When a musician is as good as Richard Thompson, he's going to stand out from his accompanists no matter who they happen to be. But one of the many pleasures of Thompson's albums from 2007's Sweet Warrior onward has been the way he's grown into the fruitful working relationship with his rhythm section of drummer Michael Jerome and bassist Taras Prodaniuk. They rarely do much to call undue attention to themselves, which is as it should be with a good rhythm section, but Jerome is a drummer who can add color, shade, and depth to a song while holding down the backbeat, and Prodaniuk defines "in the pocket," keeping the low end solid while filling out space that allows Thompson to take flight when he solos (and reminds us all that he is arguably the finest guitarist alive). If you want to fully appreciate the sound and feel of Thompson's electric trio at work, 2018's 13 Rivers captures the interaction between these players beautifully. Thompson produced the set himself, and he and engineer Clay Blair have done an unusually fine job of capturing the nuances of the performances, both as individuals and as a group. They know how to make use of the studio, but they also know this band can make its own magic and the effect here is crisp, natural, and transparent. Hearing Thompson and his band dig into these songs is truly satisfying, and as usual, he's left us no doubt that he's a master tunesmith, in particular in the troubled introspection of "The Storm Won't Come," the edgy contemplation of the unreliable inner voice in "The Rattle Within," the toxic certainty of "You Can't Reach Me," and the uncomfortable obsession of "She Was Meant for Me." The wit that usually dilutes the darker moments on a Thompson album is, for the most part, conspicuous in its absence on 13 Rivers (though it's briefly evident on "O Cinderella"), but it does give this set a thematic consistency that's effective, and Thompson's vocals are superb throughout, making the most of his dour but incisive stories. 13 Rivers isn't an unusual Richard Thompson album in most respects, but it is one that makes the most of his craft as a guitarist, songwriter, and bandleader. Not many artists continue to create bold, compelling work that doesn't sound like it's treading creative water after a half-century, but 50 years on from Fairport Convention's debut LP, 13 Rivers is striking music from a musician who remains fresh, contemporary, and peerless.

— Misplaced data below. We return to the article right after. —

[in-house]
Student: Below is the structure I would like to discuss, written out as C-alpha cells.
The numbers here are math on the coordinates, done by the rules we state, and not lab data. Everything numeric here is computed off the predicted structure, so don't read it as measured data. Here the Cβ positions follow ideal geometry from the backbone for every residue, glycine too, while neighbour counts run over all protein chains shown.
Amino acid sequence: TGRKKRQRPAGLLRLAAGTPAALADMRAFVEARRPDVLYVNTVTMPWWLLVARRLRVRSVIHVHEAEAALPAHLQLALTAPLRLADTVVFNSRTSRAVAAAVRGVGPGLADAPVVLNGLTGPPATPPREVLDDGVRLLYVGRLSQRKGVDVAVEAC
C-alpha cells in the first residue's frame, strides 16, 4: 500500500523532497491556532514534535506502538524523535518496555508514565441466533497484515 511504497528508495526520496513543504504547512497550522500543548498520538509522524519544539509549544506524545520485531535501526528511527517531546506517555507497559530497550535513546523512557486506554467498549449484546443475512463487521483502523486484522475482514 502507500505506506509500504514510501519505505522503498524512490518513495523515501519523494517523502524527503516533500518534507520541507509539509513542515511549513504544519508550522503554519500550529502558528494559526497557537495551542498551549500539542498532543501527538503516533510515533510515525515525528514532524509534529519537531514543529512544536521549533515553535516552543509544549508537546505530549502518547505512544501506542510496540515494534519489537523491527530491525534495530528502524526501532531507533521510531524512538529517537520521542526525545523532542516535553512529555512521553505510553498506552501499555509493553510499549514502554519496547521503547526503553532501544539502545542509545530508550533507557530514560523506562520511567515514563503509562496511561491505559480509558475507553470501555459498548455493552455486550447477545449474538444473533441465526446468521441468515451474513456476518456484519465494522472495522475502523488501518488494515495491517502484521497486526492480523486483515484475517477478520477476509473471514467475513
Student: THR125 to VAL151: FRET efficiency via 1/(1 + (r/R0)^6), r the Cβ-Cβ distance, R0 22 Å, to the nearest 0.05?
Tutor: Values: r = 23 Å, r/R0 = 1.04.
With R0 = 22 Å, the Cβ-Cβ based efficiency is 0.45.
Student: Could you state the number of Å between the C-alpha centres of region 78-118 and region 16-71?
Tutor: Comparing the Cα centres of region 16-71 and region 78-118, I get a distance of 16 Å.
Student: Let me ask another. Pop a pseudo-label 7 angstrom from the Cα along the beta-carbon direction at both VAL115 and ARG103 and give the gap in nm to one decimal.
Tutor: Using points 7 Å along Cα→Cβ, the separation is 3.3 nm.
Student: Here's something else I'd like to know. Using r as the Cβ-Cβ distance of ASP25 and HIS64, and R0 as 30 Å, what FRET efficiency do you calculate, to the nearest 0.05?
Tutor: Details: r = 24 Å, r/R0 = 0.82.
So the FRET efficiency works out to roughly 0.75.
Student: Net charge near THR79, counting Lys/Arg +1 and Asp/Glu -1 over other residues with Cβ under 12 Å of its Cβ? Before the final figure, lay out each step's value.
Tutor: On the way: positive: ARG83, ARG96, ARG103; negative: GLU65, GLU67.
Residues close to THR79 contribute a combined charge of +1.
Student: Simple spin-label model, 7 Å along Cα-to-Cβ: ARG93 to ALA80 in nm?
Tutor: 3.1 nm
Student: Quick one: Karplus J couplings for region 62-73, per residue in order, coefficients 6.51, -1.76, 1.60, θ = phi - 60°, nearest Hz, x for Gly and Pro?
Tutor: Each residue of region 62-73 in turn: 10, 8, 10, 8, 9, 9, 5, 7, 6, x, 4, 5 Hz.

AllMusic Review by Mark Deming